Xi Jinping, the President of China and head of the Chinese Communist Party, is a "bundle of contradictions", a man who was put in charge of the most populous country in the world in November 2012 with few outstanding achievements on his resume, but who has turned into the most forceful leader of China since Chairman Mao. "Xi is a master dissembler, a very good actor," said Willy Lam, author of a recent book Chinese Politics in the Era of Xi Jinping. "For 20 years he came across as a good guy, a team player who was very good at massaging the egos of the party elders." But Lam told a Global Café breakfast meeting of LAWAC on Tuesday that Xi has emerged as a "very savvy, very Machiavellian figure," and once he got the top job he was very quick to consolidate power and sideline any opposition. "After two and a half years Xi has centralized all major decision-making."
So far Xi enjoys high levels of popularity inside China, where he models himself as "a man of the people". To the outside world Xi has presented a strong and aggressive face of China, expanding its power in East Asia and beyond - "I am sure many of us were surprised to see the recent joint naval exercises between the Chinese and the Russians in the eastern Mediterranean," said Lam.
Xi "is resorting to the old method of the carrot and the stick - but the stick is playing a much larger role, intimidating its neighbors with relentless expansion of China's military power." China is thought to be building two or three new aircraft carriers, and "Chinese submarines are everywhere now," said Lam. The carrot, for China's neighbors, is the newly founded Asian Infrastructure Investment Bank, founded with $50 bn of Chinese money, that will fund major infrastructure projects in China's neighbors. Xi believes if he funds South East Asian countries enough to become dependent on China, he can drive a wedge between them and the US. "The Chinese think for the long term. They believe after the global economic crisis and the wars in Iraq and Afghanistan the US is on the road to decline, and the momentum is going the way of China."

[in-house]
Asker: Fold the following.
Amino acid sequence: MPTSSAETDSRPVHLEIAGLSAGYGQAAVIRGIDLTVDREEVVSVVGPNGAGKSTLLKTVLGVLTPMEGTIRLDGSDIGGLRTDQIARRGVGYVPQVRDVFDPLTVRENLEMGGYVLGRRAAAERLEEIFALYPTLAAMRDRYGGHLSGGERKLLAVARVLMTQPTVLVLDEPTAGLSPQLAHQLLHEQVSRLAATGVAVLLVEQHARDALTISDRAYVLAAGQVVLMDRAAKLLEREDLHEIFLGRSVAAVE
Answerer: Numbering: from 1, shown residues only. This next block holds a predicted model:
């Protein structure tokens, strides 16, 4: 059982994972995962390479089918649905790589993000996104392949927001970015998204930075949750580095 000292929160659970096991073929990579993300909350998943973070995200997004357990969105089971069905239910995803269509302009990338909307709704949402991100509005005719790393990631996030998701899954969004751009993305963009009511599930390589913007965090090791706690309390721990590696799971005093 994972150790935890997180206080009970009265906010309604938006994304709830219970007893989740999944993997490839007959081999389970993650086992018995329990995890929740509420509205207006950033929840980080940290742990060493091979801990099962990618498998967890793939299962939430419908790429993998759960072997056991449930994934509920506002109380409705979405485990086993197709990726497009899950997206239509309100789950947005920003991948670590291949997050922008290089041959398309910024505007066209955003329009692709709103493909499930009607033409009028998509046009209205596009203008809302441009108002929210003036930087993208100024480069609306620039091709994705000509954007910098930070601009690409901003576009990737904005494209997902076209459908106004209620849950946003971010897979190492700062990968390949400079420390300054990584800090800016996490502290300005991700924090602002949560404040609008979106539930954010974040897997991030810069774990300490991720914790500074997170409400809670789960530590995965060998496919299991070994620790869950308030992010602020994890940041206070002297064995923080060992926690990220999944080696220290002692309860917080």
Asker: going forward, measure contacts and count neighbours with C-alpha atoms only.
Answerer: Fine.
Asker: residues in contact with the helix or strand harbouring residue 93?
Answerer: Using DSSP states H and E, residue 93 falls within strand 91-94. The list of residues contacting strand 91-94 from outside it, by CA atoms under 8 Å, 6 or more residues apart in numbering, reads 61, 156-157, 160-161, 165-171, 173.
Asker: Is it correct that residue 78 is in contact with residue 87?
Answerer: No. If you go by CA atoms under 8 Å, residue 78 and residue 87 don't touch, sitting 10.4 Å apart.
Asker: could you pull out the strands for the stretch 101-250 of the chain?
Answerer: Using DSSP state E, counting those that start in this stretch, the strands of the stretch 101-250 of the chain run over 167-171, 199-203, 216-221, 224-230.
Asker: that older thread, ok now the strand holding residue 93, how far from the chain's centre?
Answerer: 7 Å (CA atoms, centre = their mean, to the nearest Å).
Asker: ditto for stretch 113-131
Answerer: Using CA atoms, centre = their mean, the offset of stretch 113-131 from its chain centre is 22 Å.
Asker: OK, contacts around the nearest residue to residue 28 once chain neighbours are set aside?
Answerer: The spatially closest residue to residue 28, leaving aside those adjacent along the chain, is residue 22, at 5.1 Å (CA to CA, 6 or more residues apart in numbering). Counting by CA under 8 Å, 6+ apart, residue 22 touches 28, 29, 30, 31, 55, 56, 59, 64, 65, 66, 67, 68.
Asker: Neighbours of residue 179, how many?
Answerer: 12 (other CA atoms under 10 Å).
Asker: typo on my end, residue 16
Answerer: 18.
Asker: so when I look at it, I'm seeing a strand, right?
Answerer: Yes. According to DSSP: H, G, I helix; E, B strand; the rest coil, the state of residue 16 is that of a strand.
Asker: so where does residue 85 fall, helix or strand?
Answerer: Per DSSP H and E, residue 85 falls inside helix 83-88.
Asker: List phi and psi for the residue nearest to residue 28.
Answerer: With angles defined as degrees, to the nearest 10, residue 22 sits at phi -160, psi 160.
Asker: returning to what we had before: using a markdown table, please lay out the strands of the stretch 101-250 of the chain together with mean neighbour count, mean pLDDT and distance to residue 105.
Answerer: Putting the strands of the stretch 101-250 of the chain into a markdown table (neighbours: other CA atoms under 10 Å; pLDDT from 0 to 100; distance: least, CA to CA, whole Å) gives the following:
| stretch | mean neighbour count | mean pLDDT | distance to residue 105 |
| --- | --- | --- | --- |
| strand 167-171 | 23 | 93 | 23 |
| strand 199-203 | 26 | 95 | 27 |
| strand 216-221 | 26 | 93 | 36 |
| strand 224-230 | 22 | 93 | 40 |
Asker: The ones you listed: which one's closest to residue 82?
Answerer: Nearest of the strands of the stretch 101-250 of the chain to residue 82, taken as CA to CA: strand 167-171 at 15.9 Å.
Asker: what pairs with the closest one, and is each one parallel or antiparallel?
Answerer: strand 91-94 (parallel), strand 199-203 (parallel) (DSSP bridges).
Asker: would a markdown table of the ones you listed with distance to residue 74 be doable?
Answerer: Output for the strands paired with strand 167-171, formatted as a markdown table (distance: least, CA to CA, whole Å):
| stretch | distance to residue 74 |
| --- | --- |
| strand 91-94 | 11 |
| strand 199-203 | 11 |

But even as Xi has spent a lot of energy on projecting China's power overseas, Lam says that the most crucial question facing China is the economy. "The economy is the key. Most of my friends in China are totally obsessed with money." The prime minister, Li Keqiang, has said China needs at least 7.2% annual growth to ward off large-scale disturbances. Already China has some 150,000 smaller riots and protests a year - "that is a mind-boggling number." So far China's growth has been shored up with government spending when it needed to keep the GDP figure high, but that has led to massive debt - the current ratio of debt to GDP in China is about 300%, which is higher than the US. "It is not sustainable - they are building bridges to nowhere, 15 to 20 new airports a year, and the debts are ballooning."
To make things worse, the environmental damage from industrial pollution is costing China between 3% and 5% of GDP per year, according to the World Bank. "I have a friend in the Ministry of the Environment, who told me he will never eat a fish in China" - because of the pollution in China's waters. This has had the indirect effect of causing a brain drain in China, because many of the more affluent families are emigrating to escape the pollution. "How long can it last?" asked Lam.
Xi has resisted the economic reforms and the shift of resources from state-owned enterprises to the private sector that many economists say China needs, largely because he doesn't want to lose control. He has reorganized the power structure of the government by creating super-agencies in charge of the economy, domestic security and cyber security which Xi chairs personally. In doing so, Xi has "totally sidelined" the economically-savvy and English speaking prime minister, Li Keqiang, who is known for his dictum "let the markets do what the markets do best." And so inefficient state-owned monopolies continue to get bank loans while private companies have to struggle to get funds.
"Xi is obsessed with the sudden collapse of the Soviet Communist Party, which he says is because they lost control of the police and the economy," said Lam. Xi is also a super-nationalist, and although he understands the need for China's economy to be integrated in the global economy, it is also the case that "the investment climate in China for foreign companies has been consistently deteriorating due to government interference" since Xi came to power. Large multinationals have been harassed and even fined for allegedly fixing prices or tax evasion: "the business climate is not as hospitable as it was five years ago."